Maynooth: the Good, the Bad, and the Public Transportation

While my time at Maynooth University is close to being over, my opinions here are not. Before I list my favorite and least favorite things, I want people to keep in mind everyone has different opinions. I really do have so much appreciation and love for this country, and I would not change a thing about my abroad experience. However, abroad is not all sunshine and rainbows as it’s made out to be.

The Good:

  • The proximity to Dublin
  • The nature and greenery the town has to offer
  • Walking trails on campus (including the farm along one of them)
  • The Innercity rail
  • Ely’s coffee
  • Dunne’s stores- a micro scale target alternative
  • The friendliness of the inhabitants
  • South Campus (pictured below)
  • It’s very safe, even at night
  • Having an actual college campus and library
  • The sheer amount of dogs
  • Fitzgerald’s roost bar and tavern
  • Brady’s bar and tavern
  • All the cute little coffee and brunch spots
  • Most of the time it is peaceful and quiet, no city noise

The Bad:

  • The lack of vitamin D
  • lack of engagement and participants in classes
  • It feels like a ghost town Thursday-Sunday
  • the wi-fi
  • The one street of stores and shops being the entire city
  • The Innercity rail
  • the spiders
  • the weather
  • The food (unless it’s fish and chips)

A Special Section for Public Transportation:

  • My biggest frustration with Maynooth stems from the lack of a reliable public transportation system. The best form is hands down the train (Innercity rail) because it actually comes on time. However, it does not go into the section of Dublin where most things are located. The train can get you close to the city, but not where the hotspots and attractions of Dublin are. The 115 bus would be the quickest and cheapest way to get to Dublin, however, it only comes when it feels like it. There is no way of knowing if it is actually coming on time, or if at all. I find it astonishing because so many people in Dublin rely on public transportation to get home or to work, what happens when it just simply doesn’t come? The alternative is the C4 bus, but it takes triple the amount of time. It’s faster to wait 40 minutes for the 115. Maynooth is lovely but there is not much to see or experience here besides campus. Dublin seems so close, yet getting there is a nightmare. On top of that, Dublin is where you have to travel in order to get to anywhere else inside the country or get to the airport. Taxis are crazy expensive to Maynooth so unless you split it with friends you’re spending $75-$80 each way. Maynooth is great, but it sometimes feels like you’re stuck because of how difficult getting around Ireland is.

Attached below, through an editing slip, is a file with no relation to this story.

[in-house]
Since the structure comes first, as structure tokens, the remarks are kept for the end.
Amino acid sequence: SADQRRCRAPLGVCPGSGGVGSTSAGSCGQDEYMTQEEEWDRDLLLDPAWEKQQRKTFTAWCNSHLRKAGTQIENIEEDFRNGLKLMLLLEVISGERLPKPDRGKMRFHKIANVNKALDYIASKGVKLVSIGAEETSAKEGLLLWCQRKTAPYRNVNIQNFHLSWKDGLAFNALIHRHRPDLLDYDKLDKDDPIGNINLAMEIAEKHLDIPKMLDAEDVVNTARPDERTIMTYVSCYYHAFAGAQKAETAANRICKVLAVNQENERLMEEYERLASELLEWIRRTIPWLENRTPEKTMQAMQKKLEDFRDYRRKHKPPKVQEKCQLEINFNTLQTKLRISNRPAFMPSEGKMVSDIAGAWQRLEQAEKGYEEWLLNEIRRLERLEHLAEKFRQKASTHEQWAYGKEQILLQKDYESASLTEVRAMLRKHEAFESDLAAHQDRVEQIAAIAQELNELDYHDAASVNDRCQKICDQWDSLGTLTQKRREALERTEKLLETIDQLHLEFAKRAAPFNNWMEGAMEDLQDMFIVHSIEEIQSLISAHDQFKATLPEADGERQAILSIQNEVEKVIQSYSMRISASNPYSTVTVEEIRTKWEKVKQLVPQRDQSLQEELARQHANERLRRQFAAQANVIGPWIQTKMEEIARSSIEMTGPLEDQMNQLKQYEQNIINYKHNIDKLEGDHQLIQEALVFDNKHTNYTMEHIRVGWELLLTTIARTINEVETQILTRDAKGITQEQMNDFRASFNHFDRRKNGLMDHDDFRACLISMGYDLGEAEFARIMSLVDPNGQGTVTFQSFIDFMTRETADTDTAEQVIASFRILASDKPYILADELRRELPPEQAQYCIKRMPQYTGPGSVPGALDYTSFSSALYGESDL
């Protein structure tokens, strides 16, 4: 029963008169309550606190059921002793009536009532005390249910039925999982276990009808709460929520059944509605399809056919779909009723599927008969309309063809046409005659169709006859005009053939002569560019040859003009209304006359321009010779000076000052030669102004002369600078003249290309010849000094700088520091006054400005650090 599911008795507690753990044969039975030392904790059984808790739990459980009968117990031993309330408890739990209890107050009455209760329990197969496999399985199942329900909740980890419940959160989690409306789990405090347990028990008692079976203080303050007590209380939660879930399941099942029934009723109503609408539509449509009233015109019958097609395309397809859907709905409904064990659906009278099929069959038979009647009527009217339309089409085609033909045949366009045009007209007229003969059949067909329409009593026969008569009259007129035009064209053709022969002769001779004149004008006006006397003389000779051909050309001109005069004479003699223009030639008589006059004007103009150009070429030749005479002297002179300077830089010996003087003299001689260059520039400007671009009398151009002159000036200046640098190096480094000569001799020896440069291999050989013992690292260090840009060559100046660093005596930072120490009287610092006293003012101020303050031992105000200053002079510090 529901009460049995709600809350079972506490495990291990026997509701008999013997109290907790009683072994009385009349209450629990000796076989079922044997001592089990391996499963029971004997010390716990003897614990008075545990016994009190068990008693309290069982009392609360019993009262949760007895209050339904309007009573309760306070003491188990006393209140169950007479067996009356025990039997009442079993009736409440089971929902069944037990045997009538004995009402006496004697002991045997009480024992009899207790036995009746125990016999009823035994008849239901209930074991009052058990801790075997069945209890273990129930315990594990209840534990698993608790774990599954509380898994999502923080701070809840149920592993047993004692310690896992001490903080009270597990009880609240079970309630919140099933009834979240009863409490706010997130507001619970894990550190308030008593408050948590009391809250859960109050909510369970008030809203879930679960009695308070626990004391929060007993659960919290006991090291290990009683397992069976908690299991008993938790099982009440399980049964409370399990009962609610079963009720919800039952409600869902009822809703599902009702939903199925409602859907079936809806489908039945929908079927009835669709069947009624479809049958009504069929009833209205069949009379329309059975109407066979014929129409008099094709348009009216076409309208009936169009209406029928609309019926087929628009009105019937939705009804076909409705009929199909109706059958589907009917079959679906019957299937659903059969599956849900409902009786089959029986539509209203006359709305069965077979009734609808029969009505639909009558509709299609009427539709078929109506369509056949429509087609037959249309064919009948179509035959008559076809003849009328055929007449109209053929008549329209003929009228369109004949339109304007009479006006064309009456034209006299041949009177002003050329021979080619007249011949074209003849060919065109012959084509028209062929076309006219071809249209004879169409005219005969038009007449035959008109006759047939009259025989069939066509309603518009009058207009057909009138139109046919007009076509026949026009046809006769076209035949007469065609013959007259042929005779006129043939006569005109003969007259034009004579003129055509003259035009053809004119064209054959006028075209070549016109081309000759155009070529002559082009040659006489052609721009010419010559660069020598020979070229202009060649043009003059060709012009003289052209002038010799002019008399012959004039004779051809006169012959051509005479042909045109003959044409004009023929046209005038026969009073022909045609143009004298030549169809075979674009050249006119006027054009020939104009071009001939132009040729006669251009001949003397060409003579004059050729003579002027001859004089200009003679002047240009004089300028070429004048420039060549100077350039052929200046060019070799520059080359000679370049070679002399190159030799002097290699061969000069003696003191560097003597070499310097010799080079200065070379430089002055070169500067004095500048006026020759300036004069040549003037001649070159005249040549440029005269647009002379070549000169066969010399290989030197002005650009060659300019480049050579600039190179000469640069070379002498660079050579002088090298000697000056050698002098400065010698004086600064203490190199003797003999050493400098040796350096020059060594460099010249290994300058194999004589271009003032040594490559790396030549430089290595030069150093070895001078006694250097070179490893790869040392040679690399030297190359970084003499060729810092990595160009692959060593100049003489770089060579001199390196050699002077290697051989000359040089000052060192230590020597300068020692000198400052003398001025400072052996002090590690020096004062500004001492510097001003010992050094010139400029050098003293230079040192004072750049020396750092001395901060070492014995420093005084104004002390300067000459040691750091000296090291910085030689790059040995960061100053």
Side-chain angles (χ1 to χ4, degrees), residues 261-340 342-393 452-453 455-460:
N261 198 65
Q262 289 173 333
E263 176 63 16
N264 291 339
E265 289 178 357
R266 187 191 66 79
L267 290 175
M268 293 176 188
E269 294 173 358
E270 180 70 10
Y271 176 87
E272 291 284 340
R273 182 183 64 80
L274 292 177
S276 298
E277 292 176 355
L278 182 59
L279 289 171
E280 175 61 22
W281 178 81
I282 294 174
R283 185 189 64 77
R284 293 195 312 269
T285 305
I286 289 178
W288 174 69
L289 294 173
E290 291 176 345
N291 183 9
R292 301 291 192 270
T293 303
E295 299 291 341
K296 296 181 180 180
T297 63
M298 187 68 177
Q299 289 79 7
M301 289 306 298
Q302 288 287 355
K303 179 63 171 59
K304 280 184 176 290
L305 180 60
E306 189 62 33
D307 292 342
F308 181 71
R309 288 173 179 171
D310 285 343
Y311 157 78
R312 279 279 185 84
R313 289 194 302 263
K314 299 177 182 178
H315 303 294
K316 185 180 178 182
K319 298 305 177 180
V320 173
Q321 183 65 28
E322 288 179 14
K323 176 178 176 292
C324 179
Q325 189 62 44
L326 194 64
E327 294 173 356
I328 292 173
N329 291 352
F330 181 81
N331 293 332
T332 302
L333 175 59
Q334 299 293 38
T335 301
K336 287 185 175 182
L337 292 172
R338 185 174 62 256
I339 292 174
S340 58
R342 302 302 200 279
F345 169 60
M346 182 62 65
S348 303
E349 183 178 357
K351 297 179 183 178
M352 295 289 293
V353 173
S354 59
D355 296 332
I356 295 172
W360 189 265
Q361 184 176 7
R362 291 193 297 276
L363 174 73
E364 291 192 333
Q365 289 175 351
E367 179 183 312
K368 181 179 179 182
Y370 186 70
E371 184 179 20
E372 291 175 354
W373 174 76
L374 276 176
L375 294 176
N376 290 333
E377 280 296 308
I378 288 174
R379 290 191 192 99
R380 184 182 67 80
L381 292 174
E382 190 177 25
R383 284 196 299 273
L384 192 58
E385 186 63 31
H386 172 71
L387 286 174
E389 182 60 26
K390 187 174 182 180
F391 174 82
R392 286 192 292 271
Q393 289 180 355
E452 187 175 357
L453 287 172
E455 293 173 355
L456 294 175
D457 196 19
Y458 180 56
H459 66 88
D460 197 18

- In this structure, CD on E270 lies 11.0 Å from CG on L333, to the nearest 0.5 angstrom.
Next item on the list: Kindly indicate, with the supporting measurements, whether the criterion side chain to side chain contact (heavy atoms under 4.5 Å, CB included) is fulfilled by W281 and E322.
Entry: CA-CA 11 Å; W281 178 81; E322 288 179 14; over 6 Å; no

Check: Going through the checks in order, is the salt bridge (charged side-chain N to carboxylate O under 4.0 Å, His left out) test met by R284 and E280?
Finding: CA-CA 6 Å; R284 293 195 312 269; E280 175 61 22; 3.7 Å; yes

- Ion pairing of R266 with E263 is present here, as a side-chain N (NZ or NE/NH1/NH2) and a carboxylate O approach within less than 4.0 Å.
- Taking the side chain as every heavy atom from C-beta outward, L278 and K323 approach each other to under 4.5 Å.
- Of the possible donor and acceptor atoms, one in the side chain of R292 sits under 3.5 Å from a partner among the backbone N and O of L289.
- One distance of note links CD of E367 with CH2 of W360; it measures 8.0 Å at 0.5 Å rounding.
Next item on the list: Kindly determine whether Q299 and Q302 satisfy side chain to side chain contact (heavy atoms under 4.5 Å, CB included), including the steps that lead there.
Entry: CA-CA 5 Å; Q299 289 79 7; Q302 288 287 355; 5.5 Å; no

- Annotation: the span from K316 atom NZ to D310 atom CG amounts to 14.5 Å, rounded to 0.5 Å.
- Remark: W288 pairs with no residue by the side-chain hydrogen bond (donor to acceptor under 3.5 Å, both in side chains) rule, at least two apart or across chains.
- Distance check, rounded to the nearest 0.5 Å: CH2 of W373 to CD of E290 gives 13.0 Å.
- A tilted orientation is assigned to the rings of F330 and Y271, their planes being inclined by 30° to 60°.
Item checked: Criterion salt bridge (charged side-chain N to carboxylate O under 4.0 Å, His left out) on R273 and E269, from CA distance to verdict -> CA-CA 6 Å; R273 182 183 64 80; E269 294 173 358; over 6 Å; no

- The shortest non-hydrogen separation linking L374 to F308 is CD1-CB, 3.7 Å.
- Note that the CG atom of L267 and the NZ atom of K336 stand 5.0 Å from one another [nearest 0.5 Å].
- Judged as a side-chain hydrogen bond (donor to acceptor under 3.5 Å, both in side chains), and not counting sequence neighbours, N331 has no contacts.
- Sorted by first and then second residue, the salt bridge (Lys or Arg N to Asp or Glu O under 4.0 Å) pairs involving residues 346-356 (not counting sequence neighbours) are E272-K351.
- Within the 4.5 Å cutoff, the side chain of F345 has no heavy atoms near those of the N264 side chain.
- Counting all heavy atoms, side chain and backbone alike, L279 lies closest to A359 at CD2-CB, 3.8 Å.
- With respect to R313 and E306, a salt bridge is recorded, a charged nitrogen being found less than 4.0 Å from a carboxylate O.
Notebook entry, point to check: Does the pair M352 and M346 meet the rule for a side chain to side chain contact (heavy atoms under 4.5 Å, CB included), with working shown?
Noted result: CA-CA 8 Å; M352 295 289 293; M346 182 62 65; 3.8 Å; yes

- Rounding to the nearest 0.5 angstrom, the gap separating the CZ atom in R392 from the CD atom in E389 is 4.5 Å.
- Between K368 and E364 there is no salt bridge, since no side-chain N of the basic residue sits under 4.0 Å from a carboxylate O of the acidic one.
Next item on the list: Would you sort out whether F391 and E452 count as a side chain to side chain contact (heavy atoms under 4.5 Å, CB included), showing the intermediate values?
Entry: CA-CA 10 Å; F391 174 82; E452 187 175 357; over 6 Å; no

A Postcard Alternative

Postcards are so 2000 and late, earrings are so 2028. Get ahead of the curve.

Recently I have been very into earrings. This started winter of 2021 when I realized I loved wearing ridiculously large and out there earrings from previously never wearing any sort of jewelry. Now I feel naked without them, and sad because it makes my day to look in a mirror and see the beautiful jewels and shapes hanging from my ears. Each of them have memories/stories to share or a meaning behind the jewel that bring a sense of comfort and luck when I wear them. On top of that, most countries I have visited have a special character or stone that is said to bring fortune and luck to its inhabitants. Then, they make these gems into cute earrings that you can find at a local market. And to drive the point even further, these earrings are anywhere between $3-$15 if you are buying from a street market jeweler, and therefore supporting local:) Two birds, one stone.

The first picture shows my first four pairs of earrings I picked up. The turtles were overpriced but they were my first pair and I had no way of knowing that. I picked them up in the French Riviera and the market lady told me that the stone on the back of the turtle was said to bring good luck to those who wear it. I figured going into an adventure like abroad I would need it, I was right. The other pairs were picked up on side trips throughout Ireland. Between the green stone and anchors, they really remind me of what amazing things the country has to offer. However, I wear the elephants the most out of any earrings on this list, just look at them.

The next picture shows the amazing glass jewelry South Europe has to offer. The blue earrings we picked up in Budapest when visiting the famous Central Market Hall. The market was so special and in a way made me feel more connected to the people and the culture there. The other items were picked up in Murano (a small island just outside of Venice) and remind me of the best day excursion I have ever taken. Murano was such a special place home to the best glass blowers in the world. Which, judging based off of the amazing figurines and jewelry at their markets, came as no surprise.

The final picture shows a pair of Eiffel Tower earrings that *shockingly* I picked up in Paris. I truly love these simple earrings, even though they are not the earrings from the Montmartre region I initially wanted. They still commemorate an amazing experience (for only $3). Finally, the last three earrings were acquired in Austria from the many, many Christmas markets I attended. If you ever get the chance to visit Austria, GO. Hands down the most friendly and cute people I have ever met, paired with the most beautiful scenery. Especially during Christmas time when the whole country becomes a winter wonderland.

So there you have it, earrings that tell a story and complete an outfit. What more could you want?